The blood group must be known, for this could be vital later on in the event of abnormal bleeding. It is called the "ABO" grouping. In addition, the Rh (or Rhesus) factor must be known. This is also very important for all women, but especially in the cases of mothers pregnant for the first time. Today, it is possible to prevent many of the disasters of yesteryear when serious complications occurred due to this blood factor. Modern medical progress has now virtually eliminated these serious problems from arising by treatment before they occur. More will be told about this later on. The key factor is the need to know the patient's Rh factor.

The Wasserman or Kahn test (to check against venereal disease) is performed, and a urinalysis carried out. This is a simple urine test for certain elements   that   could    adversely   affect   the pregnancy (mainly albumen and sugar). Some¬≠times a special culture of the urine may be ordered if the doctor has any suspicion that infection is present in the urinary tract.

Some of these tests will be carried out at the doctor's office. Others may necessitate a visit to the pathology department of the hospital or to the rooms of a private pathologist. Sometimes the doctor may take the blood sample himself and have these sent to the pathologist.

If there is any doubt about pregnancy, the pregnancy test may be carried out as well. This is the check for H.C.G., which has already been explained.

(7) The Next Visit. An appointment will be made for your next visit which will be in four weeks' time. Subsequent visits will be quite a deal briefer than the initial one.

They will chiefly entail a check on the blood pressure, a urine check (mainly for the presence of albumen, which if present is an indication of abnormal kidney function), and weight gain.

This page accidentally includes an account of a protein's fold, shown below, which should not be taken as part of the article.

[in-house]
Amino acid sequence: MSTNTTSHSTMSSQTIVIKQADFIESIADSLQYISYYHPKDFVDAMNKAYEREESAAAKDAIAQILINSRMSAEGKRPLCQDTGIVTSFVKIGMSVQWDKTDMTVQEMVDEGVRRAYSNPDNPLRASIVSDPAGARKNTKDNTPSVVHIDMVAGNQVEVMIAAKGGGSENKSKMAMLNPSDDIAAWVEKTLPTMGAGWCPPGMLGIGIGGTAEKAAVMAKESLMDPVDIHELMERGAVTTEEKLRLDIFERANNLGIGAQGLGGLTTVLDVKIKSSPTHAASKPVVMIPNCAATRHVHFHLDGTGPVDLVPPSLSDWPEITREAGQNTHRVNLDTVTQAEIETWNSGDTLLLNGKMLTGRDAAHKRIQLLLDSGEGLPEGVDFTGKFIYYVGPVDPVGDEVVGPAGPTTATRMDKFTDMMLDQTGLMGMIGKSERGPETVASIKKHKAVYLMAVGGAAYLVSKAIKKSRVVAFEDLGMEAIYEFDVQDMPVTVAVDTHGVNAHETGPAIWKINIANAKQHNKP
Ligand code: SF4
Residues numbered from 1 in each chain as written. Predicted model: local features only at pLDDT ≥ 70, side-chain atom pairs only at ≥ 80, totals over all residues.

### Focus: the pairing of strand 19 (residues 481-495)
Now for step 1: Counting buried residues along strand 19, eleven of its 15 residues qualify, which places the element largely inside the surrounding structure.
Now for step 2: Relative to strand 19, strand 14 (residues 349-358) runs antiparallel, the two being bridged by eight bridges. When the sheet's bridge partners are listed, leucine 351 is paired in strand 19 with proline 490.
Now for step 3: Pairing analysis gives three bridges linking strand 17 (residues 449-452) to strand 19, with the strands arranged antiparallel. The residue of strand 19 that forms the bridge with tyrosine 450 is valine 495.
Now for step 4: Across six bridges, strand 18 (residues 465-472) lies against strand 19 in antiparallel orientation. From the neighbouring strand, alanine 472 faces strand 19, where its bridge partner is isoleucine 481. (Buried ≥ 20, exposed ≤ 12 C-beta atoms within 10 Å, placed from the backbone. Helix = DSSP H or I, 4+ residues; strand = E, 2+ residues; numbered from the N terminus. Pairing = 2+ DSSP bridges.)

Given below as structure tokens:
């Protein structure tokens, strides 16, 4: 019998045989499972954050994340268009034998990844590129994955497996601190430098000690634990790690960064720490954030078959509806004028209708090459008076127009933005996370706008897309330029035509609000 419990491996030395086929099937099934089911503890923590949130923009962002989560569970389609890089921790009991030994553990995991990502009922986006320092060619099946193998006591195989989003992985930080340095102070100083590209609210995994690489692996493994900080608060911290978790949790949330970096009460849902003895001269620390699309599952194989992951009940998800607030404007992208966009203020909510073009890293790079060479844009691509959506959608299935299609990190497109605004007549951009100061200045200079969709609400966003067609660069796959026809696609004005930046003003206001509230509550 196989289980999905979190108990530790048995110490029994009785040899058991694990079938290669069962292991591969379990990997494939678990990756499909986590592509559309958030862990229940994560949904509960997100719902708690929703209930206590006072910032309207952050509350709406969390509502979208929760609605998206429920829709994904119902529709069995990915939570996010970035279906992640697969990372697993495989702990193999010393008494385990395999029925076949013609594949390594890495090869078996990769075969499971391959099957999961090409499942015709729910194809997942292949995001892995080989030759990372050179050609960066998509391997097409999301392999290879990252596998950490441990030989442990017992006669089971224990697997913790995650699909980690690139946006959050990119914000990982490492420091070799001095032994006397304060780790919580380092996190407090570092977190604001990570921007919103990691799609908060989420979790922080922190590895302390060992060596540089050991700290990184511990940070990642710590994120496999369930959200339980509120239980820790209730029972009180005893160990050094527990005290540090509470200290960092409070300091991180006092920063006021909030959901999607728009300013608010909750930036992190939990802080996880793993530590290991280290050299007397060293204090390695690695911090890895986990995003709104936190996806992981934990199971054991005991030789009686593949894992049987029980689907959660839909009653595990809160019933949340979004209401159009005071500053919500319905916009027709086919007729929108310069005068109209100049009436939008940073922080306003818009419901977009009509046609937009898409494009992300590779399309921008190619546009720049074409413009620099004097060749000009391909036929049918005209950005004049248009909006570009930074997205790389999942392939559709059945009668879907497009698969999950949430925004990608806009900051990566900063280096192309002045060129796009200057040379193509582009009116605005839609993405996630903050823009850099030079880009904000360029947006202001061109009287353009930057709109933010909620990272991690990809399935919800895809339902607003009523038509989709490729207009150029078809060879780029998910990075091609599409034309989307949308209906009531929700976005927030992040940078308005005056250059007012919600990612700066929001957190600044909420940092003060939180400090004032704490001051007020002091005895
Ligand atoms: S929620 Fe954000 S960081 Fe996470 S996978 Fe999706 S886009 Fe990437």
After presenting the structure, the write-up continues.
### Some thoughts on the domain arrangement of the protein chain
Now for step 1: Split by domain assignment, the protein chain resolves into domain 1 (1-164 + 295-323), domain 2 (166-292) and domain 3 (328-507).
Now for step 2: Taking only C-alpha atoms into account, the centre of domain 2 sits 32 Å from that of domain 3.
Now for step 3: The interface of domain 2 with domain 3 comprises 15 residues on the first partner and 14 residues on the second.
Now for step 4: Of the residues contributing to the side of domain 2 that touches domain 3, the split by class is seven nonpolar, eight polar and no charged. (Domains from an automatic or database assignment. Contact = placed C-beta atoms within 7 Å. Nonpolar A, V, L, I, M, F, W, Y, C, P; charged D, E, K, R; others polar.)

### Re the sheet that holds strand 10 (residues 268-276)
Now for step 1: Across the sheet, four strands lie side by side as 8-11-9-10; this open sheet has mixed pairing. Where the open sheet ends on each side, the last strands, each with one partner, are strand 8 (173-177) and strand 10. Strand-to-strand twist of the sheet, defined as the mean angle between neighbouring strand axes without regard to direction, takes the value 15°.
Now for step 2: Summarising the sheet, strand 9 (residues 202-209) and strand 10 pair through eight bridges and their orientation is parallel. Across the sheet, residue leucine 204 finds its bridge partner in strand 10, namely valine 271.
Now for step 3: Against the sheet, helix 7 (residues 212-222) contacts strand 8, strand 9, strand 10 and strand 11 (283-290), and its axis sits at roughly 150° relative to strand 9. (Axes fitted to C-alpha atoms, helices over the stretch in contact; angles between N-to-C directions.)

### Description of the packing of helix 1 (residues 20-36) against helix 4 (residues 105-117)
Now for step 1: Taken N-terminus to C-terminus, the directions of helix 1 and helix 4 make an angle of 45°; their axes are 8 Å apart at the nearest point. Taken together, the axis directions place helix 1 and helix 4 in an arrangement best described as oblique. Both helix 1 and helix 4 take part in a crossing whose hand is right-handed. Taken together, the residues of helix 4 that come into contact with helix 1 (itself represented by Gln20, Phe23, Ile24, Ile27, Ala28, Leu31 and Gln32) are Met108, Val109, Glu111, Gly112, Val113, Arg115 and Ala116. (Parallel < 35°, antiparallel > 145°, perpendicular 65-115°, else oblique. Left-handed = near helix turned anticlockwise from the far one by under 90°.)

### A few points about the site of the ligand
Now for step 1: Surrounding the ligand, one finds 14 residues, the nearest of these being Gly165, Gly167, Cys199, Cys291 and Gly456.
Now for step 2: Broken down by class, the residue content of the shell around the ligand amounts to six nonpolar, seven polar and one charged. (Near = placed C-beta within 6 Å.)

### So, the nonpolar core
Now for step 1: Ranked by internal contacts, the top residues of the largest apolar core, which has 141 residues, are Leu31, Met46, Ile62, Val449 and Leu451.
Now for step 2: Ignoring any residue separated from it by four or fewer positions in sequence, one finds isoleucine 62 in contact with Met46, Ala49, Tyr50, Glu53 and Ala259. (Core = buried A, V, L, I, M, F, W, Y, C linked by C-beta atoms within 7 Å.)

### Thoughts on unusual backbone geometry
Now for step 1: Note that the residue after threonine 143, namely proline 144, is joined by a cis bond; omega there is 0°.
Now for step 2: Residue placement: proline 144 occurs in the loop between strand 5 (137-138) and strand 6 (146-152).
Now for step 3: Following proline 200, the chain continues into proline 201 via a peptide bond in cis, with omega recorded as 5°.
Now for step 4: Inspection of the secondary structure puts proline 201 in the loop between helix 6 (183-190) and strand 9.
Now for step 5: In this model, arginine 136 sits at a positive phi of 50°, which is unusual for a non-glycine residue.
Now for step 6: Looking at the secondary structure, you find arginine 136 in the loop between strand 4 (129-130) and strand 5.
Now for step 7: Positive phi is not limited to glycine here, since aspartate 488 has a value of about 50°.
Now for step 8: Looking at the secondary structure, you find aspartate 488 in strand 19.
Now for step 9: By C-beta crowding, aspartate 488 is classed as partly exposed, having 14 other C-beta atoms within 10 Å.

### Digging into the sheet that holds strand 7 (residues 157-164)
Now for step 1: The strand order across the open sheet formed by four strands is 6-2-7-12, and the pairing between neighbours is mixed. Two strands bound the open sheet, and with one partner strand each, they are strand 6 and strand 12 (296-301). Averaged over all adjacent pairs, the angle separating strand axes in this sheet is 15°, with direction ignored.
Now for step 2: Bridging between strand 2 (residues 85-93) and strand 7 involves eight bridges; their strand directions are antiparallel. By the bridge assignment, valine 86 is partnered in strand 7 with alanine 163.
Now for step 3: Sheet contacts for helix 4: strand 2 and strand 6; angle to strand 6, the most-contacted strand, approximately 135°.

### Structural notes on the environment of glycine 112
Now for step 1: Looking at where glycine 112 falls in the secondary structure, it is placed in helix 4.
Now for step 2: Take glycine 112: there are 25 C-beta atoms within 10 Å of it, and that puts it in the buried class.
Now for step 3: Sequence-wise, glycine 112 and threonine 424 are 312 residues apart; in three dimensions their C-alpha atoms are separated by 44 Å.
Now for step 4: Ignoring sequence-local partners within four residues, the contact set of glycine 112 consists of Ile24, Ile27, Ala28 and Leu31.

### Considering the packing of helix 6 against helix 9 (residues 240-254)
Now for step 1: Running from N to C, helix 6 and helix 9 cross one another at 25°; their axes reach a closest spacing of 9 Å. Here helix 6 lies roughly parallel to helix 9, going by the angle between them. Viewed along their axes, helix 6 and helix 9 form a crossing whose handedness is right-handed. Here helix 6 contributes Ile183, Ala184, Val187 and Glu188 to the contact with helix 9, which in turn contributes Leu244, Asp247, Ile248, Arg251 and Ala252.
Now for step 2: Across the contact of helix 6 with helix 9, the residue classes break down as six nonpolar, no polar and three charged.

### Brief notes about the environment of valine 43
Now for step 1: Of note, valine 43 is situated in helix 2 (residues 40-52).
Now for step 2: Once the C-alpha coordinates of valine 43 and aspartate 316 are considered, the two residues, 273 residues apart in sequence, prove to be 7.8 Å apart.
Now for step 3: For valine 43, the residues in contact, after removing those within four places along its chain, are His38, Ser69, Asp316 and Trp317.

The mother-to-be will have the opportunity of telling the doctor of any abnormality that she has noted. He will offer appropriate advice.

After the twenty-eighth week, examinations tend to be more comprehensive. The doctor will carry out an abdominal check as well as the foregoing procedures. He will assess the height of the fundus, and this gives a good indication of the rate at which the infant is growing.

He will also check the position of the foetus as it lies in the womb. He can readily work out where each part of the body is, where the head is located, the back, and breech (or rump). He will listen for the foetal heart sounds through a special obstetrical stethoscope, and check on its degree of activity. All these are important features, and variations from the normal may need to be followed through with other investigations.

Every doctor, of course, sticks to the routine he has found most practical over the years. So if your doctor has a routine which differs from this one, do not be alarmed. There is little doubt that all the important features will be covered bit by bit. He may elect to carry out certain examinations earlier or later. It depends on his individual feelings at the time, so go along with his suggestions at all times.

Later on, certain additional blood tests may be ordered. If the blood count or haemoglobin levels were unsatisfactory at the first assessment, then it is certain these will be rechecked once or twice later on.

If there is any question about Rh factor problems, later checks may be required for this as the pregnancy moves on.

 

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GENERAL HEALTH